Three different companies in Wisconsin were hit with proposed fines by the Occupational Safety and Health Administration (OSHA) during the months of March and April for alleged violations of federal workplace health and safety regulations.
Three different Illinois companies were slapped with fines by the Occupational Safety and Health Administration (OSHA) during the month of April for alleged violations of federal workplace standards.
1. How do I know if I have a personal injury claim, and what must be proven to win a personal injury lawsuit?
Lawyers are everywhere. One look in the phonebook or a simple click of the mouse will confirm that statement. But as the old saying goes: it is all about quality, not quantity. That saying rings especially true when the time comes for you, as someone who has experienced serious personal injuries caused by someone else's negligence, to determine what personal injury lawyer out of the massive quantity of lawyers is the best one to handle and represent your interests. After all, while there may be a multitude of lawyers, there is only one of you, and the unique facts, circumstances and injuries involved in your case deserve to be handled by personal injury attorneys who possess the resources, skill and experience required to achieve the best possible results on your claim. This is why quality will always trump quantity.
The U.S. Department of Transportation (DOT) has denied the exemptions requests made by five airlines in relation to a new federal rule that will limit the amount of time an airline can force passengers to remain onboard a flight stopped on the tarmac. JetBlue Airways, Delta Airlines, US Airways, Continental Airlines and American Airlines all petitioned the DOT to allow for exemptions to the rule, which goes into effect on April 29. The airlines sought the exemptions for certain airports, including New York's La Guardia and JFK, where runway construction and other issues have caused traffic backups on the tarmac.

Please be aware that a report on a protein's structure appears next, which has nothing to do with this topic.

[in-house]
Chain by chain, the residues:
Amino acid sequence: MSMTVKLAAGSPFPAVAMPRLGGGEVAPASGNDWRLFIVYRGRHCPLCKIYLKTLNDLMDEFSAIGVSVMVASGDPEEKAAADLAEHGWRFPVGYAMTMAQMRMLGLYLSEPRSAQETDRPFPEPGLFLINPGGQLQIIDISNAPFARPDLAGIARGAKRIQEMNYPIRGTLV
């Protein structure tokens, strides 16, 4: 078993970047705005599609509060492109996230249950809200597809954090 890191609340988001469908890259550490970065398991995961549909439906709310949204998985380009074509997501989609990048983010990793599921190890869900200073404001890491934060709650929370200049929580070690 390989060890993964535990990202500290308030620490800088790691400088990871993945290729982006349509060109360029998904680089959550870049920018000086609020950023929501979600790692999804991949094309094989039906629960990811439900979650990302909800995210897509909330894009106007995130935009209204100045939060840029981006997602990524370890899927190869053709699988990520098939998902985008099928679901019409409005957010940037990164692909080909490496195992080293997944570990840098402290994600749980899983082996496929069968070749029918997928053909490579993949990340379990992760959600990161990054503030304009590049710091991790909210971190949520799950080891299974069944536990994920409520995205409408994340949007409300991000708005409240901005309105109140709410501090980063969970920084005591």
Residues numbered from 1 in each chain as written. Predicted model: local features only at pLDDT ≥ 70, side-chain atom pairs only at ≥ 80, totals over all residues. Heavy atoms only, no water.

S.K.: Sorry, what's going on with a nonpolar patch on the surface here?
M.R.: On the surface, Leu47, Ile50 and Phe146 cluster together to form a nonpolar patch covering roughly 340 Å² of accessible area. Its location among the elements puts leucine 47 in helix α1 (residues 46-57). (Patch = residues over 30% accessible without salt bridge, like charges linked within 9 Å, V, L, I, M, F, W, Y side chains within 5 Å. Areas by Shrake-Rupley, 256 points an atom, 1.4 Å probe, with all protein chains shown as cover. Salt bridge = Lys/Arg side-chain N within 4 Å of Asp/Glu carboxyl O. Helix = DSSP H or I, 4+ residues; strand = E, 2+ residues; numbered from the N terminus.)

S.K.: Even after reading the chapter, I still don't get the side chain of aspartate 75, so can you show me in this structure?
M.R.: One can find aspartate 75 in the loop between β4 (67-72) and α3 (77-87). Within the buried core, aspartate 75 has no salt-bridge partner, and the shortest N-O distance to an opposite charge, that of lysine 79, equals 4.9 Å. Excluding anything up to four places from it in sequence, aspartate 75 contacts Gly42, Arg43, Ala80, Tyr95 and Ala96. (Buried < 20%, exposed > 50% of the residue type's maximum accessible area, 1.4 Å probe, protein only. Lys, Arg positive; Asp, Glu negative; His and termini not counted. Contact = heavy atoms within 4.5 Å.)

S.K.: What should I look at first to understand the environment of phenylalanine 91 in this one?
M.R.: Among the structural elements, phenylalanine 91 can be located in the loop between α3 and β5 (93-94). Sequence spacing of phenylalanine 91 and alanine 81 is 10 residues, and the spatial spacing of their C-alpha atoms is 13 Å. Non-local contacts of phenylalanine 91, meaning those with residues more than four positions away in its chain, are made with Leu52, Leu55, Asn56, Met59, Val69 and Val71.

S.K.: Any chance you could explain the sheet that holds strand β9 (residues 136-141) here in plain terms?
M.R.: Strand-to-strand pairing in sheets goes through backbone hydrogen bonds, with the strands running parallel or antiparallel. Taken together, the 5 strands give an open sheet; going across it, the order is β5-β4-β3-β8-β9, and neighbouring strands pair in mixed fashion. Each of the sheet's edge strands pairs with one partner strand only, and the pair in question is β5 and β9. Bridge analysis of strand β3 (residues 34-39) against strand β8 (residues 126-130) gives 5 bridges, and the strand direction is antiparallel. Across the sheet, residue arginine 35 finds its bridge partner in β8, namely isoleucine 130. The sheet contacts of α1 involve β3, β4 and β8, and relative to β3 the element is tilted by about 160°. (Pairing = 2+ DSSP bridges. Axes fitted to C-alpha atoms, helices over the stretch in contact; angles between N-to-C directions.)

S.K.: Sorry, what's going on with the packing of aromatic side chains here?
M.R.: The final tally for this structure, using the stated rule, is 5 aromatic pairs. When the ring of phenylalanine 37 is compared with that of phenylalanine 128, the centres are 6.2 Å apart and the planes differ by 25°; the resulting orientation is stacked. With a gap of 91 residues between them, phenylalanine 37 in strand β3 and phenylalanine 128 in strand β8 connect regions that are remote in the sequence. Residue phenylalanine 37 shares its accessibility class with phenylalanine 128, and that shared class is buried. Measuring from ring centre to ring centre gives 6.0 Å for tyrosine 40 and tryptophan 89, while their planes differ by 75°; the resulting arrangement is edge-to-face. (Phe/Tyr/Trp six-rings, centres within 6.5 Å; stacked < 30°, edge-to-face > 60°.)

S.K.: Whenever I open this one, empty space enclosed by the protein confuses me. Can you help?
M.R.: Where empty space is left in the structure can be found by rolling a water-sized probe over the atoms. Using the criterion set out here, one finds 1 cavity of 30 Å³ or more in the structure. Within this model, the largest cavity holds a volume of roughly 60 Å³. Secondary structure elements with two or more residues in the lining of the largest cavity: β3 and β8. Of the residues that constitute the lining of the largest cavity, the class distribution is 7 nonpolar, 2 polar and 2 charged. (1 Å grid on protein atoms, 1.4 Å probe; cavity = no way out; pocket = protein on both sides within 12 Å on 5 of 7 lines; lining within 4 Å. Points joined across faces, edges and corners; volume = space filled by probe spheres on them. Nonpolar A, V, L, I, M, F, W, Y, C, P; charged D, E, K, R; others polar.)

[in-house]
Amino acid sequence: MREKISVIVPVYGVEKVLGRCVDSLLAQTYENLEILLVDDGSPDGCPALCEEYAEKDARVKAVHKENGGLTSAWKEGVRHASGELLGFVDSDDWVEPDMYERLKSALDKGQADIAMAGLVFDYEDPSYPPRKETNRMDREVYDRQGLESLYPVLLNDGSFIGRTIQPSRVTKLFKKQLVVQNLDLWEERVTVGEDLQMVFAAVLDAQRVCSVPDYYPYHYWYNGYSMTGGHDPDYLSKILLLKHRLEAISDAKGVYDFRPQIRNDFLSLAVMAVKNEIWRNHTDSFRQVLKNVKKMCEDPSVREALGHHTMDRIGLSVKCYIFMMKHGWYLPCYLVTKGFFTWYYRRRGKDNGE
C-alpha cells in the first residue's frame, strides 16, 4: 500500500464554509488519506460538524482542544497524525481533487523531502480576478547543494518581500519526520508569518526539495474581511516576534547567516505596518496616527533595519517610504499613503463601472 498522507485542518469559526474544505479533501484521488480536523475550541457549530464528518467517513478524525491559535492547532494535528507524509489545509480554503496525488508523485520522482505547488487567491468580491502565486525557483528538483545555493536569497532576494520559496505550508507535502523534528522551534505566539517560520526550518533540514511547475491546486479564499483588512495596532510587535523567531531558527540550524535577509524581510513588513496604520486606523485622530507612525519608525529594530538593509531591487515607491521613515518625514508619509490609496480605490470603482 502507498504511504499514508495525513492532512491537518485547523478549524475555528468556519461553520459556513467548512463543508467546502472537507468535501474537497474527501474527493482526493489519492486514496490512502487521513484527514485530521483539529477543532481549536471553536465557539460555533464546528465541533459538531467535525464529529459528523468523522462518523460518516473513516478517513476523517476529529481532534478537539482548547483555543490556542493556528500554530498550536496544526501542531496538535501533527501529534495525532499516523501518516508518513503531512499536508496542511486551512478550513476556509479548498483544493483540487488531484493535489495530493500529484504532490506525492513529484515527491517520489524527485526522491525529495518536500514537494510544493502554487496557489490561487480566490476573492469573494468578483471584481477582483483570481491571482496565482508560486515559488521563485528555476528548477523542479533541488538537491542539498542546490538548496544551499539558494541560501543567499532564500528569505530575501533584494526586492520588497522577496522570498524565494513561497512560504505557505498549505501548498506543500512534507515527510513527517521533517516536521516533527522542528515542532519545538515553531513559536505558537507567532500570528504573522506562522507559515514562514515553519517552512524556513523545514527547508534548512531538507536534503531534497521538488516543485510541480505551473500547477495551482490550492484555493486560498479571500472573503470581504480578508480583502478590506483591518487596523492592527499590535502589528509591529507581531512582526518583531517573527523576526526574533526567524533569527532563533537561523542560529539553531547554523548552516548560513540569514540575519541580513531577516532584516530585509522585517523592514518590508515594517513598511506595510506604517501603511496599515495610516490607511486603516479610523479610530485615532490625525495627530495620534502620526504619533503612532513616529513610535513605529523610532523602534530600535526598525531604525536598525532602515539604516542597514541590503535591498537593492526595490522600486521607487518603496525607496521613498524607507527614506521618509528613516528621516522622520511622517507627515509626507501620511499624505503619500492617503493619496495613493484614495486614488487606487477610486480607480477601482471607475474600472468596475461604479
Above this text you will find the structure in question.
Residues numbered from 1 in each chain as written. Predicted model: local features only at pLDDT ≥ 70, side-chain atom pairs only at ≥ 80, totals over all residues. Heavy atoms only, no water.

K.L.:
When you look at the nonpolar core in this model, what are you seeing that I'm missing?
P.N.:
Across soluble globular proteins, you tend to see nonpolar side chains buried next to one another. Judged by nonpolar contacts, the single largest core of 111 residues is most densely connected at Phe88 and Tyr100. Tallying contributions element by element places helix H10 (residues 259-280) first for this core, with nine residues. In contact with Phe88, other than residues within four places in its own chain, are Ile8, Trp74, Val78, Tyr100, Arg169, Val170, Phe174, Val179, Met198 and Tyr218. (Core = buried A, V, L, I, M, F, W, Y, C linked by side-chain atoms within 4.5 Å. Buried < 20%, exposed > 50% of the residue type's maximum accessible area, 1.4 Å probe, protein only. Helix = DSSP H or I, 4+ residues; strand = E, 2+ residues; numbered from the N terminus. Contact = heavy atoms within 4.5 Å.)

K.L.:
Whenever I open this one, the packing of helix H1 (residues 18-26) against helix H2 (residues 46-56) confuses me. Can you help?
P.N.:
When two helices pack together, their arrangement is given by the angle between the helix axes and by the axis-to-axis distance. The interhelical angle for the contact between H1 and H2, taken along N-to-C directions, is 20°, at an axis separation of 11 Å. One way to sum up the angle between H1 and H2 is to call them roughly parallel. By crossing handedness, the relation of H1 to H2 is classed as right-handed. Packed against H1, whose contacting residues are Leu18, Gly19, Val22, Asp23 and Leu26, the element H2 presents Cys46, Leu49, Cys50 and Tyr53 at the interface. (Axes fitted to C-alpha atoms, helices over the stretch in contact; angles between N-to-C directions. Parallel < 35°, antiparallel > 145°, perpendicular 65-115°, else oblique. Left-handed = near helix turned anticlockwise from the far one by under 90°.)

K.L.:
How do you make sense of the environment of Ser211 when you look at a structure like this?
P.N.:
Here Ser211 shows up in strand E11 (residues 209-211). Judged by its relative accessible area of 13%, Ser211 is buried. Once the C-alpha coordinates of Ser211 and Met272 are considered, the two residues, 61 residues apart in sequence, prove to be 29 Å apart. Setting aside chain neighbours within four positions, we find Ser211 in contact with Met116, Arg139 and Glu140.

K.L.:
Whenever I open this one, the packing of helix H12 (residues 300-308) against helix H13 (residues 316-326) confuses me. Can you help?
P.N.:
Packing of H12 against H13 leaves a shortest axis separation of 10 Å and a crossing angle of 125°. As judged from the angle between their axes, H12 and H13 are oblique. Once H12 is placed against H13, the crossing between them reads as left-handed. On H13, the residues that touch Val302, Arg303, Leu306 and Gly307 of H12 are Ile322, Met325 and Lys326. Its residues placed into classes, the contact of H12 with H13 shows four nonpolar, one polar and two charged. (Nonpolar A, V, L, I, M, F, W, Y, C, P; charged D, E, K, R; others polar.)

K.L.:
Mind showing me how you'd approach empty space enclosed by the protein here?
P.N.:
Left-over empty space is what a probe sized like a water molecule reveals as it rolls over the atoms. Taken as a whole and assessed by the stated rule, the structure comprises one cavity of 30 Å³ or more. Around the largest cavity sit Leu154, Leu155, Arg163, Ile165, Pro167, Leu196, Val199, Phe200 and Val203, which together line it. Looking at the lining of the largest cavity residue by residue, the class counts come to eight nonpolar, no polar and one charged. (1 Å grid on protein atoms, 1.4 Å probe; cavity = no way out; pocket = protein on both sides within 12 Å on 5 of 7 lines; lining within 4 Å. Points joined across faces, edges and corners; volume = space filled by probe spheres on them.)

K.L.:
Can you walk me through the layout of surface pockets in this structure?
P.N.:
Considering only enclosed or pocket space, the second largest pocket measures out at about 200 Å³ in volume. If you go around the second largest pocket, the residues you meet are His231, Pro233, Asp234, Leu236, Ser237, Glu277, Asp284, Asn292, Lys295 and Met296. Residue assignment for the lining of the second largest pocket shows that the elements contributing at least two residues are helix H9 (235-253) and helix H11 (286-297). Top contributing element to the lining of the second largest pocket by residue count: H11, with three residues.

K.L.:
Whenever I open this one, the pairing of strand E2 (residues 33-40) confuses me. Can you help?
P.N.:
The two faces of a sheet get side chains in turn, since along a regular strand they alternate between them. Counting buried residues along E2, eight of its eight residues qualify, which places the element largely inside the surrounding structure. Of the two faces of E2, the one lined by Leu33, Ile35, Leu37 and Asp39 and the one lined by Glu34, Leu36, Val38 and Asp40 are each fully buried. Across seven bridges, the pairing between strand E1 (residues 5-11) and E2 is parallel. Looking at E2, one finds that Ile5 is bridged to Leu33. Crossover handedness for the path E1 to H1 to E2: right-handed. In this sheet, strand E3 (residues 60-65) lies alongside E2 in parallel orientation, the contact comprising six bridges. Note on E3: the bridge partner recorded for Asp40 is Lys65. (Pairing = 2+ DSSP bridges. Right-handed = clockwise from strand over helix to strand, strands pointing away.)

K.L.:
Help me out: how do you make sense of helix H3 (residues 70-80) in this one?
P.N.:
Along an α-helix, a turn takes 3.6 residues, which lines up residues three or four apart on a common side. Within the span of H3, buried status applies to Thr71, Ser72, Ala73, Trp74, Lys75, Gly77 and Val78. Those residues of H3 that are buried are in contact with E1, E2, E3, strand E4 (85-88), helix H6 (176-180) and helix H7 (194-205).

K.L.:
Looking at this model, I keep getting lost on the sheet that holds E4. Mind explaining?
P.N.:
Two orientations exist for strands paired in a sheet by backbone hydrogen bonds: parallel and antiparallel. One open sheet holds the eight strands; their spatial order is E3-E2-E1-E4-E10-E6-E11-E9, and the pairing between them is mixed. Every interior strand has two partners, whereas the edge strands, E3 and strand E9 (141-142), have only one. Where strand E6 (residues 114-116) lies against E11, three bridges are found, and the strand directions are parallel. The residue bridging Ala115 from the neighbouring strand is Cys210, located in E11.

On April 6, the National Transportation Safety Board (NTSB) released its findings in the investigation into the fatal, September 19, 2008 plane crash of a chartered, Bombardier Learjet at South Carolina's Columbia Metropolitan Airport. The jet, carrying 6 people on board, was operated by Global Exec Aviation and was destined for Van Nuys, California, when it overran the runway, crashing through a perimeter fence and crossing a roadway before coming to a berm and bursting into flames. The captain, first officer and two passengers died in the crash; the two survivors, Blink-182 drummer Travis Barker and celebrity DJ Adam "DJ AM" Goldstein escaped the fiery crash but were critically wounded.
Last Friday, the U.S. Department of Transportation's (DOT) Federal Motor Carrier Safety Administration (FMCSA) announced it was implementing a new rule that, according to DOT Secretary Ray LaHood, is aimed at "cracking down on carriers and drivers who put people on our roads and highways at risk" by violating federal hours-of-service (HOS) regulations.